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SA corporates hoard cash - expert

Nov 07 2012 13:41

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Cape Town - Reserve Bank figures show record cash balances are being held by the private non-financial corporate sector. Recent political and economic instability has undoubtedly played a role in this cash buildup.

However, with historically low interest rates and corporate balances in South Africa increasing, it is crucial for companies to ensure that they utilise their cash balances effectively by selecting the investment vehicle best suited to their individual profile.

This is according to Ian Ferguson, head of cash solutions at Nedgroup Investments, who believes corporate cash piling is counter-intuitive considering that interest rates are wallowing at near 40-year lows.

“An astounding R549bn was sitting on the balance sheets of such corporates at the end of August 2012, representing an increase of 14% over the last year – double the growth rate of overall deposits,” he said.

Ferguson, speaking at a Nedgroup Investments media roundtable held in Sandton on Wednesday, said corporate cash piling is not unique to South Africa, although the reasons for the cash buildup in South Africa differ from those offshore and companies need to consider their options within the local context.

“The decision by South African corporates to build their cash to such levels appears to be driven by a number of factors - including delayed investment in projects and expansions.

"Political instability, unclear policies and labour unrest have all contributed to an uncertain environment for business which has made planning and forecasting difficult for corporates,” he said.

The fact that banks are not lending as freely as they did in the past has also meant that corporates need to shore up their balance sheets and alter capital structures which will in future involve lower levels of debt funding, or alternative sources of funding.

“The implementation of Basel III will most certainly result in higher interest rates being charged by banks who will be required to hold higher levels of capital, the cost of which will have to be passed on to borrowers in the form of higher interest rates,” said Ferguson.

However, despite such a large increase in deposits, statistics released by the Association for Saving and Investments South Africa (Asisa) show that  the size of  money market funds have declined by 8% over the last year.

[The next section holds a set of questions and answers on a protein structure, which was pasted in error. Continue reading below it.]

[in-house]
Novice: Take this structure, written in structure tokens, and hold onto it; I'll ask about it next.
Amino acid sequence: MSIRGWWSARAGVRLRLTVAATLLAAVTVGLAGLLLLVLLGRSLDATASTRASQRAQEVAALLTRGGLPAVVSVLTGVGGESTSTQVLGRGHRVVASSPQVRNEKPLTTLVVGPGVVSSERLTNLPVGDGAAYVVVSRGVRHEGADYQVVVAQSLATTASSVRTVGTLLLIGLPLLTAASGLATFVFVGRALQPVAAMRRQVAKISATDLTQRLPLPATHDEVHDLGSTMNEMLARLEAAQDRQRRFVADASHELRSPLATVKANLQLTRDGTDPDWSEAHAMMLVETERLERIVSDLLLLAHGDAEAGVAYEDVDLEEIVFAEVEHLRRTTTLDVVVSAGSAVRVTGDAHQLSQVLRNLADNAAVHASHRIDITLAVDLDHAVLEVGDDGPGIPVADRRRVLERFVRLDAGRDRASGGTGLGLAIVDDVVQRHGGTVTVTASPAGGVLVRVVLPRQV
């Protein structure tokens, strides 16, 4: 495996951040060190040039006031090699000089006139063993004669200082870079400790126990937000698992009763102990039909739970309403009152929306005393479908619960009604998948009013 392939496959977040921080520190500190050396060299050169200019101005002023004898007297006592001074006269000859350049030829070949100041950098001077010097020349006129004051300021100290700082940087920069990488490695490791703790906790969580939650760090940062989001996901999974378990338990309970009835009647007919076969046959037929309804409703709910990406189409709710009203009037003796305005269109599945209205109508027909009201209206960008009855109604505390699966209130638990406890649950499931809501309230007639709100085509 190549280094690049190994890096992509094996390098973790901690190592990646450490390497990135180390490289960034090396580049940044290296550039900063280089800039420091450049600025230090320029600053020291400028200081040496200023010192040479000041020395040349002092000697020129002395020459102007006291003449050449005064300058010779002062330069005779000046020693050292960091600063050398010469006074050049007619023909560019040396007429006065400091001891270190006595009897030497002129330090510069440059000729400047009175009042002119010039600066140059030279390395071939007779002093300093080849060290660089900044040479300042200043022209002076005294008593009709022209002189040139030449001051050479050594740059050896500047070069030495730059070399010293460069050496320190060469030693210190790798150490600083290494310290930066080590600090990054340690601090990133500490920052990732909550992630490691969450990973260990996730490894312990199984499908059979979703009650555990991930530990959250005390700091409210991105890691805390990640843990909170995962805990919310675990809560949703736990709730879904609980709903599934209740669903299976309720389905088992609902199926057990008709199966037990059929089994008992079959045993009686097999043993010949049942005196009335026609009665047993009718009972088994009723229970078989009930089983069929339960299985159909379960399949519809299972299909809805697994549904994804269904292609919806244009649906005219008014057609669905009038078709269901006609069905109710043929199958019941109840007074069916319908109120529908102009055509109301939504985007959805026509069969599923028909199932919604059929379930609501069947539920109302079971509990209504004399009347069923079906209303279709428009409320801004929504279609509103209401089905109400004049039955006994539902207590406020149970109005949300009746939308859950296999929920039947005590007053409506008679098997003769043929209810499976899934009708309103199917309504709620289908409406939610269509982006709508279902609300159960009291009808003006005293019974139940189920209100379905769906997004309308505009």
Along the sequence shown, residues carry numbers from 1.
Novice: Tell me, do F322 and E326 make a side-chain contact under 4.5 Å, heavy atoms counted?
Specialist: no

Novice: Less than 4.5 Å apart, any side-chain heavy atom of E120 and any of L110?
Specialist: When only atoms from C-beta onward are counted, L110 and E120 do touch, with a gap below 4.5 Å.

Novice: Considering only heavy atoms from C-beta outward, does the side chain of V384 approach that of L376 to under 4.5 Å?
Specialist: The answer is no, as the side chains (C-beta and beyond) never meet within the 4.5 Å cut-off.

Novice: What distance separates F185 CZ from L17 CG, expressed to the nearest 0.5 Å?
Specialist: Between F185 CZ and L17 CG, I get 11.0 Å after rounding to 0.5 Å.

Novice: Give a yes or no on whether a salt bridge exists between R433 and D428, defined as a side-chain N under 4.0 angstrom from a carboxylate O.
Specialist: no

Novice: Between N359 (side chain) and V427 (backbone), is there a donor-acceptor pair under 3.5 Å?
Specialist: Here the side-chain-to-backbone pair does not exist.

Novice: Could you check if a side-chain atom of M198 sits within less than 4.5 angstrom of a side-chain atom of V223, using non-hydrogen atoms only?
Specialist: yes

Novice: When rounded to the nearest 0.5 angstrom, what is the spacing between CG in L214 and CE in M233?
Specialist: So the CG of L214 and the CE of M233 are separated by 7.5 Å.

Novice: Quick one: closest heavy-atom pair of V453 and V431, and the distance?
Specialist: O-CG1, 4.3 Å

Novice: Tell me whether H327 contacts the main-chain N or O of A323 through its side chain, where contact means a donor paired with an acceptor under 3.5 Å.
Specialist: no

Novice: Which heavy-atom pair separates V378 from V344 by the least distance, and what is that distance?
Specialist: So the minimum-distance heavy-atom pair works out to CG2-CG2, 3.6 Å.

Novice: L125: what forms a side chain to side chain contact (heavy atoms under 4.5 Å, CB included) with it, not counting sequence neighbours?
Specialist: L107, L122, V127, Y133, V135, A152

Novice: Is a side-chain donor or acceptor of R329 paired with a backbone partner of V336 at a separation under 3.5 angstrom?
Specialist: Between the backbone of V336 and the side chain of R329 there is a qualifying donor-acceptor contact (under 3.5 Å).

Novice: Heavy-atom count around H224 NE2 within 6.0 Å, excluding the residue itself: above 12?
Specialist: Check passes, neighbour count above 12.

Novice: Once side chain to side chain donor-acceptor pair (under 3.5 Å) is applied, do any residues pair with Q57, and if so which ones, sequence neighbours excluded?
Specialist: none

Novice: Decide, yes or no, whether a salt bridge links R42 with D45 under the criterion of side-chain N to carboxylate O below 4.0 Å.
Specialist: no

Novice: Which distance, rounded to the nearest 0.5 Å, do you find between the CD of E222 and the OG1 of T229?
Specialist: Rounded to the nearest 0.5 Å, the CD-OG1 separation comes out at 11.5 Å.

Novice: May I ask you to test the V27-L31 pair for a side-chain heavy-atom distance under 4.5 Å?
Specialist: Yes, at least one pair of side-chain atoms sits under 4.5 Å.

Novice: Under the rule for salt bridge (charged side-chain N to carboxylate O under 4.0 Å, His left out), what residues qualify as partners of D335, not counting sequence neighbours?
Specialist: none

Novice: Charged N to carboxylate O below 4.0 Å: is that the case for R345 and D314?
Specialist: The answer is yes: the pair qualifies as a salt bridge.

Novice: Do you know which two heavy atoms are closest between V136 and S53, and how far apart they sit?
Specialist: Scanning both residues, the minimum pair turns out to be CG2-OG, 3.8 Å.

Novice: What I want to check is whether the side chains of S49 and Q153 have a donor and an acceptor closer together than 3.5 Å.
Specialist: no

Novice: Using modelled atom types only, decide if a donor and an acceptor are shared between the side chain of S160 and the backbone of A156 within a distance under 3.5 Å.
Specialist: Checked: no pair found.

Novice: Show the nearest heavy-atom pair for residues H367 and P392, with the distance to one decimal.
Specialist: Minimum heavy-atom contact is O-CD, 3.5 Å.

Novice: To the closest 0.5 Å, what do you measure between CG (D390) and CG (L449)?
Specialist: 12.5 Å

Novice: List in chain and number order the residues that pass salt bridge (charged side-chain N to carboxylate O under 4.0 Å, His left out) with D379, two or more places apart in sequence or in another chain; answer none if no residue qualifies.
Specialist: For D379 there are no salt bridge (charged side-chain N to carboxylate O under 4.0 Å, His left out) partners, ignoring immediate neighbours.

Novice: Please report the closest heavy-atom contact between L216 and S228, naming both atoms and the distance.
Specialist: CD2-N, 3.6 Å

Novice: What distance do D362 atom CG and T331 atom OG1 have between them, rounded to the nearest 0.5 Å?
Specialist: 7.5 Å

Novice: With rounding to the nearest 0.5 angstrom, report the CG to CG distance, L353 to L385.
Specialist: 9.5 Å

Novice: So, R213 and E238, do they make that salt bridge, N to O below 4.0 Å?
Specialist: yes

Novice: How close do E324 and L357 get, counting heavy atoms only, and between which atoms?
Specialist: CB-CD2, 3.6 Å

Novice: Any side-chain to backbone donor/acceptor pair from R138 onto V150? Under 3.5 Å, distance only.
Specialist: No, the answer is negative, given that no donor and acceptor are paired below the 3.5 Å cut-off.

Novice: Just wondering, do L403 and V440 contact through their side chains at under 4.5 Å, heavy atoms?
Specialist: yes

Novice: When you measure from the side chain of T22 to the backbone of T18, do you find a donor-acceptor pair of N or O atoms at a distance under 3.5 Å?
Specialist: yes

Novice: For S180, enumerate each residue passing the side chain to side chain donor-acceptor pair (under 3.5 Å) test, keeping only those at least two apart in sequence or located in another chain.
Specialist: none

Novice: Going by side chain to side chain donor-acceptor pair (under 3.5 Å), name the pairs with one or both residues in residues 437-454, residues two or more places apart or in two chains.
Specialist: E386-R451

Ferguson said the prevailing lower yields have forced investors to migrate into more aggressive income funds and Domestic Asset Allocation funds, which now make up the largest segment (31.5%) of the unit trust industry.

“The decrease can also be attributed to the elimination of dividend income funds. Furthermore, money markets have been used extensively as collateral for securities lending in the past.

"There has been a clear drop in the volume of securities lending taking place as a direct result of the financial crisis, and those traders who are still active in this space are now making use of alternative collateral, with a definite move towards equity,” he said.

Meanwhile, Asisa statistics show that although domestic money market funds have been experiencing net outflows since the start of 2011, they enjoyed a net inflow of R10.8bn in the third quarter of 2012, caused by a handful of corporate and institutional investors parking money to better utilise large cash reserves.

“The corporate sector continues to make good use of money market funds which deliver higher yields than call accounts and offer the same access to funds without incurring additional risk,” said Ferguson.

According to Ferguson, there has also been a noticeable rise in the use of low risk income funds by those corporates that are able to forecast cash flows and do not require same-day access to funds.

“Treasurers are embracing the additional 0.5% that can be earned in such funds which have similar credit risk to money market funds, but require a day’s notice in order to access funds,” he said.


 

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